updated 12/12/2006 5:59:01 PM ET 2006-12-12T22:59:01

Most people think of Moscow as cloaked in snow from late autumn but this winter daisies are blossoming by the Kremlin and fresh buds are growing on trees in some of the warmest December temperatures on record.

On Dec. 7, Moscow basked in 46 degrees Fahrenheit, beating the previous record of Dec. 7, 1898, a spokesman for the state weather monitoring unit said on Tuesday.

“In the European part of Russia, we can clearly see an anomaly, a big positive anomaly,” Mark Naishuller said. “Temperatures are positive even beyond the Arctic Circle.”

Four days this December were warmer than any of their counterparts in the period since records began in 1879.

Instead of trademark snow, green grass adorns some parts of Moscow. Purple violets and yellow coltsfoots -- flowers that usually blossom between spring and autumn -- have been spotted in the capital and the surrounding area, media have reported.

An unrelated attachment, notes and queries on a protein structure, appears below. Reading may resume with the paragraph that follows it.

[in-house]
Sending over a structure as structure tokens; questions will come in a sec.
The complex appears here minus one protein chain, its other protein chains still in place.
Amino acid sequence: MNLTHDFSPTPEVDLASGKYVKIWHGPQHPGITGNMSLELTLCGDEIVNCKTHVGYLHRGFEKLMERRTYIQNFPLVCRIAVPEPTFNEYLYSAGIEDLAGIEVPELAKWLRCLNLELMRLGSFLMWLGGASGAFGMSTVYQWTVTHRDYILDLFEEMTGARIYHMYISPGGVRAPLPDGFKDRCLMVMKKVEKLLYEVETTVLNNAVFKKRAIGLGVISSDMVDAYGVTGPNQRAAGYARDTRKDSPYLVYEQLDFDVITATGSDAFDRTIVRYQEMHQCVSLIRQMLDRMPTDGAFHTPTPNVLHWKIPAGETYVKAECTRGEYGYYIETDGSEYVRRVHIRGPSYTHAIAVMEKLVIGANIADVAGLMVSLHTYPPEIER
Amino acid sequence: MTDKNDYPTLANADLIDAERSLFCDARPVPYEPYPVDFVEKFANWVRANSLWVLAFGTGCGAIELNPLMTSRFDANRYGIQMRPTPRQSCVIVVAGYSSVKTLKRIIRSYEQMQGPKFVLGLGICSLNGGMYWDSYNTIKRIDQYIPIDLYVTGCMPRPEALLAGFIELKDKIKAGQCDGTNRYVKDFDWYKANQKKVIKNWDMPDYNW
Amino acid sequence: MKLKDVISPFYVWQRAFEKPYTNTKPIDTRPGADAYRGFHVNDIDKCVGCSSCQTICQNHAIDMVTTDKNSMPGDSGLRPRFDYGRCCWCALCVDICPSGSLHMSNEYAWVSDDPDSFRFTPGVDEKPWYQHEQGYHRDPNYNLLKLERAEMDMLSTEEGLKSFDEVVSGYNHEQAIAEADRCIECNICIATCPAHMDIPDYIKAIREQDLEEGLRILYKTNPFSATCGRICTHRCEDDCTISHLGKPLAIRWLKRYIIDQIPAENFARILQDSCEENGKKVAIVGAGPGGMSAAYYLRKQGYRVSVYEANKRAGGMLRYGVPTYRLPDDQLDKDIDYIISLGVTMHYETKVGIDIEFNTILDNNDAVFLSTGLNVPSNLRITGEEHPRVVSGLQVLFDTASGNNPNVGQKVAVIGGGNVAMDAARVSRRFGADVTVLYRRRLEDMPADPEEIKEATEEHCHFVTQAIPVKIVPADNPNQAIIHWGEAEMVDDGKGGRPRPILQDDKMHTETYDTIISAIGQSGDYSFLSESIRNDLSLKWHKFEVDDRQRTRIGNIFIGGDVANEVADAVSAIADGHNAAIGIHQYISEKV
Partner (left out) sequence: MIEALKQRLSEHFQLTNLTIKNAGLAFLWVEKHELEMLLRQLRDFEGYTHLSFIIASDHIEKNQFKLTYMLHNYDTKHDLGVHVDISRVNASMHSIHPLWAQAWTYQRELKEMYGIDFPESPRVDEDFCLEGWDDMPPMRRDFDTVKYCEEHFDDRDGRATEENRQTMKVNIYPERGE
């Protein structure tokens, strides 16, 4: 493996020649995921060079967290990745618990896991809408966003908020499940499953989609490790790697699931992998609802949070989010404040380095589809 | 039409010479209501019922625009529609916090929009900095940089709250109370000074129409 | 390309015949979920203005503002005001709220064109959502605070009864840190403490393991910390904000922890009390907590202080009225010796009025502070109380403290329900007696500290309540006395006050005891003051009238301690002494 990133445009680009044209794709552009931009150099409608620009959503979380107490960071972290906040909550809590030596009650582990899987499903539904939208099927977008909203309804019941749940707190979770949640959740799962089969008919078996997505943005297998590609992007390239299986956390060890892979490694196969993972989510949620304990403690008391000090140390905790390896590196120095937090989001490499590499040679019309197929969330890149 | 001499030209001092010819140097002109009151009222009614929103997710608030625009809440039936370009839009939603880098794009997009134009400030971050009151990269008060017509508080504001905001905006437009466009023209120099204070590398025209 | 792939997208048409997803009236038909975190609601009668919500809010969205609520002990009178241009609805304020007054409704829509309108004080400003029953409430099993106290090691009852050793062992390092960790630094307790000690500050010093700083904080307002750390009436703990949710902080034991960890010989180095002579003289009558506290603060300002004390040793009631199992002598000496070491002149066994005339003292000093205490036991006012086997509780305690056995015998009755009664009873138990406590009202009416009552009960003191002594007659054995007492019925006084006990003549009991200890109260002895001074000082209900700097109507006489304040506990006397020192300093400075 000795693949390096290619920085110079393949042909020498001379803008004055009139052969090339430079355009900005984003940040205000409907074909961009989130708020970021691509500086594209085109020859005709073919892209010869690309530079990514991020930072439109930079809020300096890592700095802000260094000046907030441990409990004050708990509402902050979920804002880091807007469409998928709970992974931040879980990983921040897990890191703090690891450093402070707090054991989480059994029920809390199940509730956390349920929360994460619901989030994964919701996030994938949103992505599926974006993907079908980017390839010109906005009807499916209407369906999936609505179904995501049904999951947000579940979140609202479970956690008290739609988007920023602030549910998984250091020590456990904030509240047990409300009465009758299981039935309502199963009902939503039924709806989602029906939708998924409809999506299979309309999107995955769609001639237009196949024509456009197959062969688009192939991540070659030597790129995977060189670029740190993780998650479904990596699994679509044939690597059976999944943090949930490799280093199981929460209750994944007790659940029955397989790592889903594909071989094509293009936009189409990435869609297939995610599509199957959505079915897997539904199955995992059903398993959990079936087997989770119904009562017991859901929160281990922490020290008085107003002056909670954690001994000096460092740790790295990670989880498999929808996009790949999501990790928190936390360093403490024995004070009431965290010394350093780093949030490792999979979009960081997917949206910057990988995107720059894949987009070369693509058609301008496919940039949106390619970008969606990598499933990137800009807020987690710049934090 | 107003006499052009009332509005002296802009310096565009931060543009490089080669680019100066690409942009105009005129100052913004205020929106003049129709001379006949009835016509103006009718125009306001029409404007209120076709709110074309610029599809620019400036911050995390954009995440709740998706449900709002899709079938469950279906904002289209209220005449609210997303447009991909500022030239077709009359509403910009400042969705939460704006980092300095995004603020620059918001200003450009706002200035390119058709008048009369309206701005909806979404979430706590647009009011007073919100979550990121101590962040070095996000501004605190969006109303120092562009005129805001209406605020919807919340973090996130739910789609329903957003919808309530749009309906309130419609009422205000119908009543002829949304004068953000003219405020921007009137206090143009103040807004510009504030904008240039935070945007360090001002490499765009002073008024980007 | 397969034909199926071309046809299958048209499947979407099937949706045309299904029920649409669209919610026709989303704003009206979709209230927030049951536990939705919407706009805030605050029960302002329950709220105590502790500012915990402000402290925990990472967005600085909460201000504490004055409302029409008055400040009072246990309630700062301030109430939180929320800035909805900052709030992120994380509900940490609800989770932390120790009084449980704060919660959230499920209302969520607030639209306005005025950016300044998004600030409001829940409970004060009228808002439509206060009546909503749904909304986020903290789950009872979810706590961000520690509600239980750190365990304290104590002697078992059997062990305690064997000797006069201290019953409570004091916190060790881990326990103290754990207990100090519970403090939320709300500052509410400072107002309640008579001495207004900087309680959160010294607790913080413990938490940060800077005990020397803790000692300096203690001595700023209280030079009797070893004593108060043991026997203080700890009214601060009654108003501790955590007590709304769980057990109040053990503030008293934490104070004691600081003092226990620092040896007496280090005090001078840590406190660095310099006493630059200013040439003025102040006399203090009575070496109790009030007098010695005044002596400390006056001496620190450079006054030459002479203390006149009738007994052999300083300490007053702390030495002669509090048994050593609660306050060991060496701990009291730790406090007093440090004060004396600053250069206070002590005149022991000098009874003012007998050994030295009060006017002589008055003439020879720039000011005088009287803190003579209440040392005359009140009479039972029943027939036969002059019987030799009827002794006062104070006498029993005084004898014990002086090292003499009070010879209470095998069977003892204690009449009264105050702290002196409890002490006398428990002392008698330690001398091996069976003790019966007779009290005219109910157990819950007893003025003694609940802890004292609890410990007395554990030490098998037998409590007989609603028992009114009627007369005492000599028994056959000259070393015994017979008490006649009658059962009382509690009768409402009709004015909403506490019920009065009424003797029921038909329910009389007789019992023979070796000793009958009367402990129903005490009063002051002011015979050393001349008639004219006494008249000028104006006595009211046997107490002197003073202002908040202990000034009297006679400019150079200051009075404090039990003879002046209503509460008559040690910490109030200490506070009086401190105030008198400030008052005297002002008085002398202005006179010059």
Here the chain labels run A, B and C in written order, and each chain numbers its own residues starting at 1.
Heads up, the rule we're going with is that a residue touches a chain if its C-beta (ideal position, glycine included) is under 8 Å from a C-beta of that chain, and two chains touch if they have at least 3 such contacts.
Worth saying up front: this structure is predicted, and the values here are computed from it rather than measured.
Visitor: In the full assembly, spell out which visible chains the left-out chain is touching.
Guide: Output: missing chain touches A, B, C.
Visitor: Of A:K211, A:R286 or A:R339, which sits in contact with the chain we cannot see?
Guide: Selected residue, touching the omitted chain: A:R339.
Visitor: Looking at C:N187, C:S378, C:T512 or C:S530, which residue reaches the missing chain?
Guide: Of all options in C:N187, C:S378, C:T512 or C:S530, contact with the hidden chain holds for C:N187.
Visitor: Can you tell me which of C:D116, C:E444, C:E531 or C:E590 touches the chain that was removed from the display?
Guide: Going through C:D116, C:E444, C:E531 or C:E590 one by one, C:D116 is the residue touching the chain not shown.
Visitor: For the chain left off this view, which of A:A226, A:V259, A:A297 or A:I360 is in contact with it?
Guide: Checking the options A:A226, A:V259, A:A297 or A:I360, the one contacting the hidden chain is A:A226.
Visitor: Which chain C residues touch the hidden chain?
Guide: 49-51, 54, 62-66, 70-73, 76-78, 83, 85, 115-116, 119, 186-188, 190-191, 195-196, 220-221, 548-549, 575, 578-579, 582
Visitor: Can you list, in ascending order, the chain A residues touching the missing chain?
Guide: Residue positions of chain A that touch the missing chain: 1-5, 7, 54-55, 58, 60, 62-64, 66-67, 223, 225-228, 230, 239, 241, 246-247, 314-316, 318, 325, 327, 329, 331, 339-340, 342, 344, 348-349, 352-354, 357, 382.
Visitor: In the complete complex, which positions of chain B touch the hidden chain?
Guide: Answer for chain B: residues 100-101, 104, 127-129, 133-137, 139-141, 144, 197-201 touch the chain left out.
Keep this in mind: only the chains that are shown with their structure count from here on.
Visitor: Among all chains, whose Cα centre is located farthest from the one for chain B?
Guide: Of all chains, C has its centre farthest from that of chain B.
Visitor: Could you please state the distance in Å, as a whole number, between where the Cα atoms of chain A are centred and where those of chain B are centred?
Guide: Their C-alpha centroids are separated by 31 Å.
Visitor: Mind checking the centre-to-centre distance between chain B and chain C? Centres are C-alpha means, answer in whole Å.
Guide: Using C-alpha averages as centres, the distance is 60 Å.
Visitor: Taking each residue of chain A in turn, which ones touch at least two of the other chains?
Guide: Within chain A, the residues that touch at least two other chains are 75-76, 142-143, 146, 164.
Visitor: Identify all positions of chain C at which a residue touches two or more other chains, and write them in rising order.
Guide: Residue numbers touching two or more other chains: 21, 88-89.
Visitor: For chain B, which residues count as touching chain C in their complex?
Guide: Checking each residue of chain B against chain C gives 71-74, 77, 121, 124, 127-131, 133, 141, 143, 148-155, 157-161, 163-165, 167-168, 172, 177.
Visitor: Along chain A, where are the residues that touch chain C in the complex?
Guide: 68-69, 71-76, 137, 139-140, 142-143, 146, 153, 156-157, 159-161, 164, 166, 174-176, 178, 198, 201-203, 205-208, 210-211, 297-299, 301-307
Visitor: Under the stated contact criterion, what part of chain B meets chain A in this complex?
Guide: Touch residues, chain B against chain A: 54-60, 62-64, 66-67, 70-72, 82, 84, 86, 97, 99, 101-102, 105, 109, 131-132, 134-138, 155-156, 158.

Some types of mushrooms have also ignored the calendar month, when the average temperature for Moscow is around - 25 F, and grown afresh on tree trunks.

Bears are putting off their winter slumber and warmth-loving jaguars are still walking outside in the Moscow zoo.

Farmers are worried that plants, unprotected by a layer of snow, will die when frost sets in.

“This has to do with unusually active Atlantic cyclones,” the spokesman for Rosgidromettsentr said, explaining the warm weather in European Russia.

“We shouldn’t link it to global warming yet. It is a localized phenomenon.”

Naishuller added that the weather in other parts of Russia was more typical for December and eastern Siberia was even colder than usual.

Many of those Russians who do see signs of global warming in the mild Moscow weather stay upbeat.

“Muscovites are smiling: they don’t have to wear hats and the grass is green like in some kind of England,” wrote popular daily Moskovsky Komsomolets, adding Russia could only gain from a warmer global climate.

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